The Butch Lewis Act reversed that 2014 cut, but only to those plans which both promised to pay current pensions in full while financially restructuring, with Treasury Department oversight and approval, to preserve future payouts, too.

Central States fund administrators, in a letter to local unions, said retirees who suffered cuts under the 2014 Republican-pushed law will be made whole, soon. Pensions would be restored to their pre-2017 levels—when the 2014 law took effect—on Jan. 1, and back payments covering what retirees lost would be paid by March 1.

The White House fact sheet calculated that 18 plans, covering 80,000 workers, had already cut benefits under the 2014 Republican-enacted law.

The Teamsters and other unions both lobbied lawmakers and worked long and hard with prime sponsor Sen. Sherrod Brown, D-Ohio, to craft the Butch Lewis Act.

“What this means to me is that this long fight is finally over, now that we know our pensions are secure and will be there forever,” said 30-year Teamster Ken Stribling, a leader with his late wife in the grass-roots lobbying for the law.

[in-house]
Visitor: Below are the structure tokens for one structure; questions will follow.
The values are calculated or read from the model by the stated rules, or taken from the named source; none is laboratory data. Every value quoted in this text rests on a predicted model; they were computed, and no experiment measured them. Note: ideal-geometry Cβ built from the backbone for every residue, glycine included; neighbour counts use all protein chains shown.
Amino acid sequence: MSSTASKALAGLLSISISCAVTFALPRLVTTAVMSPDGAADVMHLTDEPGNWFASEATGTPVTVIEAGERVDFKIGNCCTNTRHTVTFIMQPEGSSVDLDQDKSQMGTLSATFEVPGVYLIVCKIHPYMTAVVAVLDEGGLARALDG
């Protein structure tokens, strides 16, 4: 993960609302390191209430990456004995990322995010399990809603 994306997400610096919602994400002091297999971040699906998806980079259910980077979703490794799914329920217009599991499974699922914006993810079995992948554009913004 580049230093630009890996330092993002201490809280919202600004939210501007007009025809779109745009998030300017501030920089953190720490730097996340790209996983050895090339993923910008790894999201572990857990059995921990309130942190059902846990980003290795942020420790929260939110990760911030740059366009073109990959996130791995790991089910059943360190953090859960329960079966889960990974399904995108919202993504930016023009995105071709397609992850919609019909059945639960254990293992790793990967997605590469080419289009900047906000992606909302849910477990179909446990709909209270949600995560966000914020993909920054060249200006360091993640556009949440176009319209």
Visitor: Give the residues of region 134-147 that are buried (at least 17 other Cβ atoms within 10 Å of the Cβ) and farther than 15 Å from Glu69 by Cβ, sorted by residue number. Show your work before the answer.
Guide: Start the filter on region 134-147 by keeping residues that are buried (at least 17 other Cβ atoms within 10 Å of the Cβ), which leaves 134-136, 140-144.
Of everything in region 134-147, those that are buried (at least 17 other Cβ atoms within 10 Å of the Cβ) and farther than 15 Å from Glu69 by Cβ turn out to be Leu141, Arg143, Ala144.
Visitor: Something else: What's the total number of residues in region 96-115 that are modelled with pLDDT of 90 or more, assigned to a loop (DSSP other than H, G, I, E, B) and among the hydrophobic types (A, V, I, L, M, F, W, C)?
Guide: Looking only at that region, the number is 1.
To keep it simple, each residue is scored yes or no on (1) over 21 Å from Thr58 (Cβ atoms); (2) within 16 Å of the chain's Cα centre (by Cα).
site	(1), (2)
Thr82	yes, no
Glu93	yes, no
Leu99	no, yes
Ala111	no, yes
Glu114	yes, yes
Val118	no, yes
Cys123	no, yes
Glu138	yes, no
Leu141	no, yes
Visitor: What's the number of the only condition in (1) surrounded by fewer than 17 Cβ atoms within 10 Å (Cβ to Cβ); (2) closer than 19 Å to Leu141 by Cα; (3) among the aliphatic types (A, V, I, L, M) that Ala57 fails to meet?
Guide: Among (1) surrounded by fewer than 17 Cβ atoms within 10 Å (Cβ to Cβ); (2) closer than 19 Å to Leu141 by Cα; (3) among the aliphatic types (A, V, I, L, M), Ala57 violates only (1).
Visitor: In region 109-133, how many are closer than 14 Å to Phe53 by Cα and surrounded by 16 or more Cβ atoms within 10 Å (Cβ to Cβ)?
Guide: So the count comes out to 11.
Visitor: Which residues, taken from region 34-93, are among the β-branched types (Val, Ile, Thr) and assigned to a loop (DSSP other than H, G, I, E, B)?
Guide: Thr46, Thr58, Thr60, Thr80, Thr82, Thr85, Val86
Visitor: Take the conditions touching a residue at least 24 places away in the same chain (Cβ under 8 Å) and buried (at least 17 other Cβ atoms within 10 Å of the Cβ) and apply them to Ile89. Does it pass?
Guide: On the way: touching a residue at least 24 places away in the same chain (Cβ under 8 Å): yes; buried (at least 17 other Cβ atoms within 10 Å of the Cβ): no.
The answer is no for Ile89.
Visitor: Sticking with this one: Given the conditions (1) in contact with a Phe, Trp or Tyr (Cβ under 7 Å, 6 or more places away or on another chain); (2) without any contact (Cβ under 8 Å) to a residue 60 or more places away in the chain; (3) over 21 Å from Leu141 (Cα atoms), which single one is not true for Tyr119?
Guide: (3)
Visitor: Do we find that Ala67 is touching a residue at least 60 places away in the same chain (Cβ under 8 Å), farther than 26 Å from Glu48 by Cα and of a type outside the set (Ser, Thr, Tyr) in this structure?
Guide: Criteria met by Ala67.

“My wife isn’t here to share in the joy today, but I made a commitment to her when I first got involved that I would stay in this struggle until a solution was found. I can look up at the sky tonight and say, ‘Sweetheart, we did it. The journey is over.’”

The fact sheet says the Butch Lewis Act is expected to fully fund 40,300 Central and Southern States workers and retirees in Michigan, 39,900 in Ohio, 27,800 in Missouri, 25,000 in Illinois, 22,000 in each in Texas and Wisconsin, 20,000 in Indiana, 19,000 each in Minnesota and Florida and 14,000 in Tennessee.


Mark Gruenberg
Mark Gruenberg

Award-winning journalist Mark Gruenberg is head of the Washington, D.C., bureau of People's World. He is also the editor of the union news service Press Associates Inc. (PAI). Known for his reporting skills, sharp wit, and voluminous knowledge of history, Mark is a compassionate interviewer but tough when going after big corporations and their billionaire owners.